Nestled within the intriguing landscapes of Estonia, lies a captivating world of forgotten stories and enchanting decay; the realm of “Abandoned Estonia.” As an explorer of forgotten places and a history enthusiast, I have had the privilege of journeying through this country to discover its hidden treasures. In this blog post, I am excited to share with you my 8 favourite abandoned places in Tallinn and beyond.
This new era of renovation has claimed many of Estonia’s most enchanting abandoned places but even today, there are secrets left discover. So, whether you’re a fellow urban explorer, history lover, or simply intrigued by the allure of decay, join me as we uncover eight more sites in Abandoned Estonia.
Check out my previous post: 8 Abandoned Places to explore in and around Tallinn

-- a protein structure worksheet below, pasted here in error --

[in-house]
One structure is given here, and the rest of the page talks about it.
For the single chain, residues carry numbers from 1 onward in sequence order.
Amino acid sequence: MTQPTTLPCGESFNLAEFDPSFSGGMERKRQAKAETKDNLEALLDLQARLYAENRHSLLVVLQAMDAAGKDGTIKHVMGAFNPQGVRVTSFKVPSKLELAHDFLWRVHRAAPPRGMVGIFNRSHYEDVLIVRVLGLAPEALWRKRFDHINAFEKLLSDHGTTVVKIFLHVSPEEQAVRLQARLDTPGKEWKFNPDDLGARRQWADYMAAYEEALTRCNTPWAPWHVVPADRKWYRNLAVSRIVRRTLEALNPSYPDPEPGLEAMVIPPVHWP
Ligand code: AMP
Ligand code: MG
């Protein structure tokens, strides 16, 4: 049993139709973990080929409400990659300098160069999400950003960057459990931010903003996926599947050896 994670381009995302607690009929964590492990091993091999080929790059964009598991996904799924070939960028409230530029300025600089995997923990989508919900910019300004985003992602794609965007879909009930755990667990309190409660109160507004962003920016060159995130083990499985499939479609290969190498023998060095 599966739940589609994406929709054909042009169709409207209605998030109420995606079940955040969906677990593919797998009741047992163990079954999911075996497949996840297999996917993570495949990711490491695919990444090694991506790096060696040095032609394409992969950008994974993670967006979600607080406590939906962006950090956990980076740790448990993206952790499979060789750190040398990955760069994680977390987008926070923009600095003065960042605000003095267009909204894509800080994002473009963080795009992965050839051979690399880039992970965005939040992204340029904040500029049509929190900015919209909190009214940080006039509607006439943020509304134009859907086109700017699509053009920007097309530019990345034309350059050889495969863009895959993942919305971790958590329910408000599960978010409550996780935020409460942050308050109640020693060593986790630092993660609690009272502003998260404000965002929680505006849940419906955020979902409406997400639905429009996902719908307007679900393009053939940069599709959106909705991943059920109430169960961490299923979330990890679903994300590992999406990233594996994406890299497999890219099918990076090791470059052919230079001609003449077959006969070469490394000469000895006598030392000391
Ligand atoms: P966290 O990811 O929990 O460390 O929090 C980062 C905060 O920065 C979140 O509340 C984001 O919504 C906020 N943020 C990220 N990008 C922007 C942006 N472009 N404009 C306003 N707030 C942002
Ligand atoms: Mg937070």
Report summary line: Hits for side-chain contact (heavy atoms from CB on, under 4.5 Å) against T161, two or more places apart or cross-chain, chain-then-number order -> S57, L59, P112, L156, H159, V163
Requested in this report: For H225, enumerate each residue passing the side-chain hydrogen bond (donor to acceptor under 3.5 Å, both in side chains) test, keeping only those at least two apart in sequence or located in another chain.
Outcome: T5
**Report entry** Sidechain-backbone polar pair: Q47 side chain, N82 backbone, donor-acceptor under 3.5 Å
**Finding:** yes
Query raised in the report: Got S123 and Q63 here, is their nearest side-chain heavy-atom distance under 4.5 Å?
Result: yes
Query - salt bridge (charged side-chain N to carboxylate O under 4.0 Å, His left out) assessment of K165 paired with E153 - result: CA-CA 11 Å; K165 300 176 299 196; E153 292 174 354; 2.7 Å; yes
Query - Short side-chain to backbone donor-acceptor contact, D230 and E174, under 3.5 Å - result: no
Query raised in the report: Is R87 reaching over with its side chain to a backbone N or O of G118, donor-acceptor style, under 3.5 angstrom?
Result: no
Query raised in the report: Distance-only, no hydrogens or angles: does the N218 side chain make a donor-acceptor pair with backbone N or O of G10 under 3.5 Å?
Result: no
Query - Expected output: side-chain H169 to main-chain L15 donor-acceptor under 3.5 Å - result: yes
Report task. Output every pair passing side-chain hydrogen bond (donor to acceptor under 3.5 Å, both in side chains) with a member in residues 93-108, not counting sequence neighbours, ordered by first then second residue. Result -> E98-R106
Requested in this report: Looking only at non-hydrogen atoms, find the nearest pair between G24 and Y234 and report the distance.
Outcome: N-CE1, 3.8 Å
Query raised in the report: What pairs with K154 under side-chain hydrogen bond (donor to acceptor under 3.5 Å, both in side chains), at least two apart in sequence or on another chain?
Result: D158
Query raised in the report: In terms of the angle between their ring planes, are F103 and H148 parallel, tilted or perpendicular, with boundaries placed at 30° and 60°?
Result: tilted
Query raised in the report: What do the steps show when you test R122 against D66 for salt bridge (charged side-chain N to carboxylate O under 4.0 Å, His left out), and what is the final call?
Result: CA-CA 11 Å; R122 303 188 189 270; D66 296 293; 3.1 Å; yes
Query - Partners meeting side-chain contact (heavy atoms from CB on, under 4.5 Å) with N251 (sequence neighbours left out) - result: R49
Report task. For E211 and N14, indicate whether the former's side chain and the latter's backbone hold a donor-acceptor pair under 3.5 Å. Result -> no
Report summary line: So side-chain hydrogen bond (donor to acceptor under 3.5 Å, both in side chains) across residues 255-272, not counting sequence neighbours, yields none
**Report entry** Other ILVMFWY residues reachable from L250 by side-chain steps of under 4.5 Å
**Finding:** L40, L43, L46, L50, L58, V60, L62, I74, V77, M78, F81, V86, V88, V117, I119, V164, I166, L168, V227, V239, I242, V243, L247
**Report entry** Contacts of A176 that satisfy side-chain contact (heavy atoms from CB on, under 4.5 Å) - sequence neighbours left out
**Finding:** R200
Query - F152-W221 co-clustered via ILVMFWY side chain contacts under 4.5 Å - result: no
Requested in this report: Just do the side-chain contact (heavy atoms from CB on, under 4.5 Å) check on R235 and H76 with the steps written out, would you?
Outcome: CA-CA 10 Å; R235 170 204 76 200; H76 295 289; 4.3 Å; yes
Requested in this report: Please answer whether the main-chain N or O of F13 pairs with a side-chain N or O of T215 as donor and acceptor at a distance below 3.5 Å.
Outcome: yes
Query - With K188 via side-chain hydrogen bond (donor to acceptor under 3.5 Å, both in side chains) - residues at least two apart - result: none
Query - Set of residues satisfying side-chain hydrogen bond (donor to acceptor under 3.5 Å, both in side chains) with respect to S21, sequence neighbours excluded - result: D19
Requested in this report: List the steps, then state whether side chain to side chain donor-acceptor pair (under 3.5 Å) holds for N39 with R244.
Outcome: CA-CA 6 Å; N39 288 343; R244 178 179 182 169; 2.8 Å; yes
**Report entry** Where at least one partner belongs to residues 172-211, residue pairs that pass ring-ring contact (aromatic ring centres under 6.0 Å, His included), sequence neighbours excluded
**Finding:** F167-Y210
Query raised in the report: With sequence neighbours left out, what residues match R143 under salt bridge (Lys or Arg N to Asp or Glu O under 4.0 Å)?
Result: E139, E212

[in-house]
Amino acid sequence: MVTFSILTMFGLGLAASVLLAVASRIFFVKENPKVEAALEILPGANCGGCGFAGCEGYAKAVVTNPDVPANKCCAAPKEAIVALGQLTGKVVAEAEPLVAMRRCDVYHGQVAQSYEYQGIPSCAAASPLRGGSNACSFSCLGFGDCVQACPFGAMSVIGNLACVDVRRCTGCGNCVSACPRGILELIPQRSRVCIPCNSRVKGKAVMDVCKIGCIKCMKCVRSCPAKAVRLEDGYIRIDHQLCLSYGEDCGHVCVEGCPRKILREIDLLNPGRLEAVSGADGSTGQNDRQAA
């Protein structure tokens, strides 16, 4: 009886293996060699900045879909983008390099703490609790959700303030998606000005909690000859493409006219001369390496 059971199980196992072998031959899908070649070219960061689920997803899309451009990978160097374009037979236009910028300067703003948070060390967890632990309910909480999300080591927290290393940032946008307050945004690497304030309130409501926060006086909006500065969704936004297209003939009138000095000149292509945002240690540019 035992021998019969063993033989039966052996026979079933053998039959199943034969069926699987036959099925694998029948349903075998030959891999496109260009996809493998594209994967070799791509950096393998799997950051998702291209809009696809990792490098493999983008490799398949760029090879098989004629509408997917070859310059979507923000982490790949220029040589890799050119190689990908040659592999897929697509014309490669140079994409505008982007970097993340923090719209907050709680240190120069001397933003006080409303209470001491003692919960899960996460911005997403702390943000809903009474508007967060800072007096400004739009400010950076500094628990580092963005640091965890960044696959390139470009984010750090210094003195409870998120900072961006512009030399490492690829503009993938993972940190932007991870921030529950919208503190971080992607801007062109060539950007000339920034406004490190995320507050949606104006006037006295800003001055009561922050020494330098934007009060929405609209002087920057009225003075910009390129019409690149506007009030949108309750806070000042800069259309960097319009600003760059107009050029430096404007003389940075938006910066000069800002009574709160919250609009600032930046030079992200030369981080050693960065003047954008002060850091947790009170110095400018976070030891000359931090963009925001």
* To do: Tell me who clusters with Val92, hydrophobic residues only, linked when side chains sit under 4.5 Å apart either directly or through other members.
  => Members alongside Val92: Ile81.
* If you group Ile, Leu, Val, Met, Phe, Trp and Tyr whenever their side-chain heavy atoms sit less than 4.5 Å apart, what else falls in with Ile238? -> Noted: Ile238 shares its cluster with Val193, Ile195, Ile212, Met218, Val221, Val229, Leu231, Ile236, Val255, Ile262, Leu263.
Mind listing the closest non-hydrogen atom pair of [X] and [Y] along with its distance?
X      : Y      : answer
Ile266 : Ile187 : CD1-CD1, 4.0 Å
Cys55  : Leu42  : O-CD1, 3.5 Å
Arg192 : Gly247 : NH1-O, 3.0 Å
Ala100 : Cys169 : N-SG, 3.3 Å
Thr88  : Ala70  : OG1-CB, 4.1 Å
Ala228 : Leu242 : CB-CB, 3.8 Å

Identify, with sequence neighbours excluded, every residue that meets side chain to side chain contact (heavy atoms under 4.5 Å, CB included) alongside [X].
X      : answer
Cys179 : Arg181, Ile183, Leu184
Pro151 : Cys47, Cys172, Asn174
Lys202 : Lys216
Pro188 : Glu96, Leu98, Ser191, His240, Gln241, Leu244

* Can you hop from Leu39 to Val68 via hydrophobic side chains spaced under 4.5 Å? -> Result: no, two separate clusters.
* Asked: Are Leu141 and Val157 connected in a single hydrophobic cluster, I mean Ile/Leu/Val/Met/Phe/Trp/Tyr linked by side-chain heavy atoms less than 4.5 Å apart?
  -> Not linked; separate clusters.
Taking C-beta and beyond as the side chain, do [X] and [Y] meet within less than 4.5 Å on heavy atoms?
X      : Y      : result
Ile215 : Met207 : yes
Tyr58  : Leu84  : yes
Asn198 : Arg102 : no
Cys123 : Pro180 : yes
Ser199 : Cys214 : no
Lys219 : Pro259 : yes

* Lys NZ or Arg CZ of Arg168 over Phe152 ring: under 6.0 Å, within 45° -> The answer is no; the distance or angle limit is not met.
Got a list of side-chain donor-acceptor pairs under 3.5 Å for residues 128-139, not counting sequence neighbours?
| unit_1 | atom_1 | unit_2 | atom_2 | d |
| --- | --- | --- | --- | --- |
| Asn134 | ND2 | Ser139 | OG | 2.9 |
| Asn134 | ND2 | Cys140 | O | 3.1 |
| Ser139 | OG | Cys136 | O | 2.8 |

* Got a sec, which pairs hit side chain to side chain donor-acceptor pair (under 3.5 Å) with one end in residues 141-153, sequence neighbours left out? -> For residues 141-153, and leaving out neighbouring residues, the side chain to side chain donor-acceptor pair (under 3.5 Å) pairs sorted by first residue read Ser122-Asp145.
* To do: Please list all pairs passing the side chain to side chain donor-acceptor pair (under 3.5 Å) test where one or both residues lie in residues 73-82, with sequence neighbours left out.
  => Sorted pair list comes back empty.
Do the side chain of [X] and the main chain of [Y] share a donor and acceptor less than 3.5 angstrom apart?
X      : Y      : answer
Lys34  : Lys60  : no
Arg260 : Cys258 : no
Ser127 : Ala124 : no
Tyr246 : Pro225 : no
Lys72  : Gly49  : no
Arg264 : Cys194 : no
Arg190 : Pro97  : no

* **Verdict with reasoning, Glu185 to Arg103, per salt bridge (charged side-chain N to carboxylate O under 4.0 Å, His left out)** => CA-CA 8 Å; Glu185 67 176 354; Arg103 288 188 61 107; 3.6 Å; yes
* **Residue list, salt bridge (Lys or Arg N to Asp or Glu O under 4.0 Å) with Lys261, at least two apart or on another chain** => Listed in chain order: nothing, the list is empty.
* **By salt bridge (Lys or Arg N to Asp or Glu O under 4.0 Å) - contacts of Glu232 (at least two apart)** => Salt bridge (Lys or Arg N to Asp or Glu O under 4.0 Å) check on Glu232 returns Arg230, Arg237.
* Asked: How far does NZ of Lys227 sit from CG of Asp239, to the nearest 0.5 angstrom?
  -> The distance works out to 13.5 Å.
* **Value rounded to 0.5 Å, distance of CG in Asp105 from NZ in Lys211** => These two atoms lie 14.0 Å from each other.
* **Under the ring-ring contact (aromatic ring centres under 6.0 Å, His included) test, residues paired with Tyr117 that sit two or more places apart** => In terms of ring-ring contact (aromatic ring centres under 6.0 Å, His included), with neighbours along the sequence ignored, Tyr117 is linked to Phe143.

What a place to start! Hidden in a forest close to Harku, these one-hundred-year-old ammunition tunnels were built by the Russian army in 1917 to store explosives and weapons for the defence system of Peter the Great during World War 1. This territory was also a secret military base during the Soviet days and as you wander through the landscape you will also notice several abandoned buildings from this time scattered throughout the forest. Fascinating and forgotten, these historically protected tunnels are open to the public so it is possible to gain access. Just don’t forget your torch!
If you want to hear the full story of the Astangu military base you can join me for a tour! Information available though Laternamatkad (Lantern Hikes).
#2. Franz Krull Factory